Why is homosexuality socially marginal yet symbolically central? Why is it so strangely integral to the very societies which obsessively denounce it, and why is it history--rather than human nature--that has produced this paradoxical position? These are just some of the questions explored in Sexual Dissidence.
Written by a leading critic in gender studies, this wide-ranging study returns to the early modern period in order to focus, question, and develop issues of postmodernity, and in the process brilliantly link writers as diverse as Shakespeare, André Gide, Oscar Wilde, and Jean Genet, and cultural critics as different as St. Augustine, Frantz Fanon, and Michel Foucault. In so doing, Dollimore discovers that Freud's theory of perversion is more challenging than either his critics or his advocates usually allow, especially when approached via the earlier period's archetypal perverts, the religious heretic and the wayward woman, Satan and Eve.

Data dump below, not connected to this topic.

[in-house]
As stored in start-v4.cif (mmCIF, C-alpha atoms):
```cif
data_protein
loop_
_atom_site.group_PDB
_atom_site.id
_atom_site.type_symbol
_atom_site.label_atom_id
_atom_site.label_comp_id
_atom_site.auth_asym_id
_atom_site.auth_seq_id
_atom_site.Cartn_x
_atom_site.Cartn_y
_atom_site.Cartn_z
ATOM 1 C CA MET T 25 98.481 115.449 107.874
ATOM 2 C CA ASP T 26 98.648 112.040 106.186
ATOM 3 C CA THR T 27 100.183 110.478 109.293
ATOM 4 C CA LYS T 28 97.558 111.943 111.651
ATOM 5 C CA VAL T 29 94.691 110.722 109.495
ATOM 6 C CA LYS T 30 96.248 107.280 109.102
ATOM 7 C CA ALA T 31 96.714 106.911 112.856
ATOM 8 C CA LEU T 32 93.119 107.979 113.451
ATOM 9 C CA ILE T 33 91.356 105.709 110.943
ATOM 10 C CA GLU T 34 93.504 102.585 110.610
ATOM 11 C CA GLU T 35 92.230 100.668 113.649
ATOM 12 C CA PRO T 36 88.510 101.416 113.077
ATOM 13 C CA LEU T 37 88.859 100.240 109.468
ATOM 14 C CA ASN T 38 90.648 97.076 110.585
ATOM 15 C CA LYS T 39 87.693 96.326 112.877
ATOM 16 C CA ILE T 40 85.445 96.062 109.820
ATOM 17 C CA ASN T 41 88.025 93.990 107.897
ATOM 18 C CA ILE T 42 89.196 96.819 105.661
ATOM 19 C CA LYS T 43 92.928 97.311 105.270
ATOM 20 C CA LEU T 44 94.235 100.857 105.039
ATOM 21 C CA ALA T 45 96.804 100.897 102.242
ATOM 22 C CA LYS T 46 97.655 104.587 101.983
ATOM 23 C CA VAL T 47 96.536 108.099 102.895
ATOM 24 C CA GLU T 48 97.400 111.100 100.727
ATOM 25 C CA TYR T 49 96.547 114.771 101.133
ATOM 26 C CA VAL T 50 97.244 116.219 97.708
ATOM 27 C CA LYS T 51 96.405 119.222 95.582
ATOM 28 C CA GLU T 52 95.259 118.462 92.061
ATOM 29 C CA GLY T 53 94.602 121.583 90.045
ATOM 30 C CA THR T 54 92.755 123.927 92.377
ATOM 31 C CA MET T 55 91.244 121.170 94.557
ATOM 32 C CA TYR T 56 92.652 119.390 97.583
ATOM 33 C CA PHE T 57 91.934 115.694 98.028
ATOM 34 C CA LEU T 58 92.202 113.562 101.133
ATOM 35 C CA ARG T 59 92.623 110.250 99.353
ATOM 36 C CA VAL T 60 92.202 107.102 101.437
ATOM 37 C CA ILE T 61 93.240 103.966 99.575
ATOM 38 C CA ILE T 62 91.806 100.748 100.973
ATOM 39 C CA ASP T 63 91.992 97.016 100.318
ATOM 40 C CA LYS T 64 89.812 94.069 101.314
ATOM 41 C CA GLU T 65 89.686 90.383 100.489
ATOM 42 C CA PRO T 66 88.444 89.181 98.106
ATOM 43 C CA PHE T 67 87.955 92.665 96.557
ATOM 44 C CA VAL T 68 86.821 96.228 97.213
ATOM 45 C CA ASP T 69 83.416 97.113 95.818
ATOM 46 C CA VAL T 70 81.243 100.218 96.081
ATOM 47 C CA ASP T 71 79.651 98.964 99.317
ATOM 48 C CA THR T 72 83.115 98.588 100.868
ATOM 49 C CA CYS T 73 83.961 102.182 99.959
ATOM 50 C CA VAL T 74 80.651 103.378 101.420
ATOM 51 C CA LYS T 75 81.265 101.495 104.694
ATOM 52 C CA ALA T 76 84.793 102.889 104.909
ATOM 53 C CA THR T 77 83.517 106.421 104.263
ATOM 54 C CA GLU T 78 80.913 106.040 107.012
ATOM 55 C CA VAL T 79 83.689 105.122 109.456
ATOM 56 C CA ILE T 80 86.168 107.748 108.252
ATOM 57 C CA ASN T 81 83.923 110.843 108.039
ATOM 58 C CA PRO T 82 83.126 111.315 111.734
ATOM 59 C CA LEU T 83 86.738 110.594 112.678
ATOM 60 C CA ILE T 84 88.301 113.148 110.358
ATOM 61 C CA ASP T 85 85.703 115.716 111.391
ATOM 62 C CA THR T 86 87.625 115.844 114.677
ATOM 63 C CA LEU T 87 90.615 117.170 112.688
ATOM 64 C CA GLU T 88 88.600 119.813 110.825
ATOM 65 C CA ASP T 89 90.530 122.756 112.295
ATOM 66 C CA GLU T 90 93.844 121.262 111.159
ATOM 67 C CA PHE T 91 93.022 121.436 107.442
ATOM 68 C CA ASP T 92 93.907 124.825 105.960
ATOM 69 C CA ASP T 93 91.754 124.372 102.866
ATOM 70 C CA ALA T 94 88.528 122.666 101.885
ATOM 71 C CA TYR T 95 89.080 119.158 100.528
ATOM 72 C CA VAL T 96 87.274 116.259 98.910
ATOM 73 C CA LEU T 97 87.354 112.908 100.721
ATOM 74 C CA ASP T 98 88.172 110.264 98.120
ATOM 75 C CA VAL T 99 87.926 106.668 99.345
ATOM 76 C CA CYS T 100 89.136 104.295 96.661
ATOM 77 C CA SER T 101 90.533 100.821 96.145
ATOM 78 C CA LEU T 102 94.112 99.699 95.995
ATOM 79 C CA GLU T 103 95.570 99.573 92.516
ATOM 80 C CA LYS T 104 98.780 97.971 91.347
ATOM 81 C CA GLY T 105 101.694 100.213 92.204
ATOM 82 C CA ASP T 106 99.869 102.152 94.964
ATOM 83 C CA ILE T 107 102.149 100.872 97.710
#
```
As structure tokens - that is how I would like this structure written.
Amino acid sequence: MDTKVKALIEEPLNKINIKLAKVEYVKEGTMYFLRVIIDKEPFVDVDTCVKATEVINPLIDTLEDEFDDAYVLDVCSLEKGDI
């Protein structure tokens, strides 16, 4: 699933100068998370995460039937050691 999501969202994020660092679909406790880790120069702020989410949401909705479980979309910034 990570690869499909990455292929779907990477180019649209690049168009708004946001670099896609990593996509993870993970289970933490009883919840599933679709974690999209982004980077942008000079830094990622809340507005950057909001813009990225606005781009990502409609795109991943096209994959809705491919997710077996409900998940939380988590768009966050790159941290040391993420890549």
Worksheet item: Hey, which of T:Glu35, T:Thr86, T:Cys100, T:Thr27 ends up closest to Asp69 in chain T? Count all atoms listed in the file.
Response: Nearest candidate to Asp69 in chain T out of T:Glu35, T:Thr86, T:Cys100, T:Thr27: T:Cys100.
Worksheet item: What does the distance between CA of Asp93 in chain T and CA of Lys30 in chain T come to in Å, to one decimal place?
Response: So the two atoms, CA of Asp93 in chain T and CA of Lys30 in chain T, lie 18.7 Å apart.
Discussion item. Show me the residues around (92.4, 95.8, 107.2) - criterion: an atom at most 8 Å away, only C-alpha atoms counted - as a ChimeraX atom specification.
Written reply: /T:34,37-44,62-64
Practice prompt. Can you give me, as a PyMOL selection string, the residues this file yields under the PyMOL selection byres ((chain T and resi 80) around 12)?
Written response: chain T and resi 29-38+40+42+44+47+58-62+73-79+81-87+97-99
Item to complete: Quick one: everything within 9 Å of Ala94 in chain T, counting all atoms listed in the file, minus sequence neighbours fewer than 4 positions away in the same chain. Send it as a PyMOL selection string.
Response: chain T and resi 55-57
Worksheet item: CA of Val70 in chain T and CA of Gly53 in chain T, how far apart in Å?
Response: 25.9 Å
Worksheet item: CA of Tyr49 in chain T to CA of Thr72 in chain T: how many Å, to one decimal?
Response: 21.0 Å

A path-breaking book in a rapidly expanding field of literary and cultural study, Sexual Dissidence shows how the literature, histories, and subcultures of sexual and gender dissidence prove remarkably illuminating for current debates in literary theory, psychoanalysis, and cultural materialism. It includes chapters on transgression and its containment, contemporary theories of sexual difference, homophobia, the gay sensibility, transvestite literature in the culture and theatre of Renaissance England, homosexuality, and race. [via]